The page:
§ 103(A).

Using money from the Settlement Fund, the Tribe purchased 36 acres within the City of Fallon and then applied to the Secretary of the Interior to take the land into trust. The Secretary determined that the land met the requirements put forth in section 103(A) and the land became part of the reservation; held in trust by the United States. The land therefore, was no longer subject to state laws or, more importantly, taxes and development regulations. After the Tribe purchased the land it constructed a gas station on part of the land and began to make plans for other development.

**2 This is not the first time P.L. 101-618 has been challenged. In Churchill County v. United States, the City of Fallon, concerned about the development, sued claiming that P.L. 101-618 was invalid and that the United States had violated regulations that govern the taking of land into trust. 199 F.Supp.2d 1031 (D.Nev.2001). We held that P.L. 101-618 created a mandatory acquisition requirement and that the regulations governing discretionary trust land did not apply. In that case we held that the action of the United States taking the land into trust was valid.

In Fallon-Paiute-Shoshone Tribe v. City of Fallon, 174 F.Supp.2d 1088 (D.Nev.2001), CV-N-99-0270-ECR the Tribe sued the City of Fallon because of a failure on the part of the City to provide utilities and sewer service to the 36 acre property. We granted partial summary judgment to the Tribe on the 42 U.S.C. § 1983 and equal protection claims. In that order we reaffirmed our finding that P.L. 101-618 creates a mandatory duty on the part of the United States to accept land into trust if it meets the requirements of section 103(F)(2).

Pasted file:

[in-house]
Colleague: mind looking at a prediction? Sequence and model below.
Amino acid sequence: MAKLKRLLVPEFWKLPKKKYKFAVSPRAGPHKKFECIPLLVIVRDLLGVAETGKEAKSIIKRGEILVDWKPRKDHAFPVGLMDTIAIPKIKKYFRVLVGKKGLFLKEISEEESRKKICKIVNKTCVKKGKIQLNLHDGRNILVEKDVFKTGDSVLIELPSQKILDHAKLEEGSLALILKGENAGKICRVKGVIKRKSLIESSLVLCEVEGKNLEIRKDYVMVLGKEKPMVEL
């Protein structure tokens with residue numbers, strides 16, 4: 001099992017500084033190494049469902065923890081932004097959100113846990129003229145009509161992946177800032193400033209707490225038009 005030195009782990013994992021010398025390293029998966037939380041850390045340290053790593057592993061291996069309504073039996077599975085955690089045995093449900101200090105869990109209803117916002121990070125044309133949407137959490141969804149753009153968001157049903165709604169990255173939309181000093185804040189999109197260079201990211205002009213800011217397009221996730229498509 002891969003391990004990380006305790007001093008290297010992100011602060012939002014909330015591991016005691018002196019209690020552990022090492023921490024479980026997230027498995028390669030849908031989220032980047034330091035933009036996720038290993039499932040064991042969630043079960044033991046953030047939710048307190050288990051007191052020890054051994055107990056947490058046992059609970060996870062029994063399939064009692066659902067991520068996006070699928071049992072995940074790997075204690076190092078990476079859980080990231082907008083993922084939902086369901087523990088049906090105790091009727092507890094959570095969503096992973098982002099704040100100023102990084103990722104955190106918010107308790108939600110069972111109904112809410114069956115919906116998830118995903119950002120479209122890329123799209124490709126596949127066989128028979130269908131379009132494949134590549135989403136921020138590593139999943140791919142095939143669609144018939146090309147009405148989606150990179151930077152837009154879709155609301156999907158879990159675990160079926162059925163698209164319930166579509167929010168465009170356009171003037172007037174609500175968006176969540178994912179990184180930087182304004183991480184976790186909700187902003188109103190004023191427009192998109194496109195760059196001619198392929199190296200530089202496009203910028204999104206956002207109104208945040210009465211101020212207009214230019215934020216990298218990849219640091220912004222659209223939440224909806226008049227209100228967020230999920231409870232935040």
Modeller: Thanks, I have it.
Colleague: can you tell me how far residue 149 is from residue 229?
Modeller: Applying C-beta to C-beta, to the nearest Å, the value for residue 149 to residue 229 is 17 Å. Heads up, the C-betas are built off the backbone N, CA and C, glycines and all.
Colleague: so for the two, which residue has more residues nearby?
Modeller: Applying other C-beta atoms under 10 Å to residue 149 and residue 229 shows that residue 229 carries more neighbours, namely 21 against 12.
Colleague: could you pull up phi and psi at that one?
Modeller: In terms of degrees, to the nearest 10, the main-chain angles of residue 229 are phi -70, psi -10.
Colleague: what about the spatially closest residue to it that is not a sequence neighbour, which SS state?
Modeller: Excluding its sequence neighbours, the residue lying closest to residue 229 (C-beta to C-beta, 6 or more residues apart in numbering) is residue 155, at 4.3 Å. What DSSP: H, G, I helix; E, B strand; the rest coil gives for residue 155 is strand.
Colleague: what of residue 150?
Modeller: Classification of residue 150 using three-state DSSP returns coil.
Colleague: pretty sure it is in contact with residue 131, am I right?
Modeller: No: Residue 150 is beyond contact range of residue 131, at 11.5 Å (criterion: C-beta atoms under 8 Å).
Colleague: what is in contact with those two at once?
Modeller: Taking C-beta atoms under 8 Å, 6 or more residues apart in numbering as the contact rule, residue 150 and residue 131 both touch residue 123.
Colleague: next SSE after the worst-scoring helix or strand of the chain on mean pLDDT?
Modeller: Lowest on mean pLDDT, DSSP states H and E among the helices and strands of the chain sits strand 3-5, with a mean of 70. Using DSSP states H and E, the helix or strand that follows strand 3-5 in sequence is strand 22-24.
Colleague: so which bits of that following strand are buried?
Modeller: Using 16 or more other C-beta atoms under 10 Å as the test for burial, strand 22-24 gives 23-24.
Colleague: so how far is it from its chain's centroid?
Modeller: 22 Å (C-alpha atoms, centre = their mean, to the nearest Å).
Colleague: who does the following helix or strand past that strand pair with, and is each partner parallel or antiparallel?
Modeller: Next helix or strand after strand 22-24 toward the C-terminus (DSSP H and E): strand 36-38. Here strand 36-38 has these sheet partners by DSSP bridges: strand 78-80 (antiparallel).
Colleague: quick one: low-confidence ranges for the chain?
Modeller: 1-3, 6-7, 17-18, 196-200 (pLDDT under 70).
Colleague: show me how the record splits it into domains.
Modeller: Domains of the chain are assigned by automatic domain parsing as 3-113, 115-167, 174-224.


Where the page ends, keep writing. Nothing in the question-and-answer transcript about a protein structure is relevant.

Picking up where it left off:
Now the State of Nevada brings this action against the United States and the Tribe. The State argues that: (1) the United States failed to comply with a Memorandum of Understanding; (2) the United States failed to comply with 25 C.F.R. § 151; (3) the United States failed to comply with the National Environmental Policy Act (NEPA); (4) P.L. 101-168 is an unconstitutional delegation of legislative authority to a nonfederal entity; (5) P.L. 101- 168 is a standardless delegation of legislative authority to the executive branch; (6) P.L. 101-168 violates the Constitution because the United States cannot take land into trust for the Indians without the consent of the State.

The Tribal Defendants [FN1] and the United *1245 States [FN2] filed motions to dismiss: (# 29) and (# 30) respectively. The State of Nevada opposed (# 38) and the Tribal Defendants and United States replied: (# 43) and (# 44) respectively.

FN1. The term Tribal Defendants refers to the Fallon-Paiute-Shoshone Tribe, the Fallon-Paiute Shoshone Business Council, and Fox Peak Development Corporation.

FN2. The term United States refers to the United States, the Department of the Treasury, Paul O'Neil, the Department of the Interior, Gail Norton, the United States Bureau of Indian Affairs, Neal McCaleb, and Robert Hunter.

ANALYSIS

A. Motion to Dismiss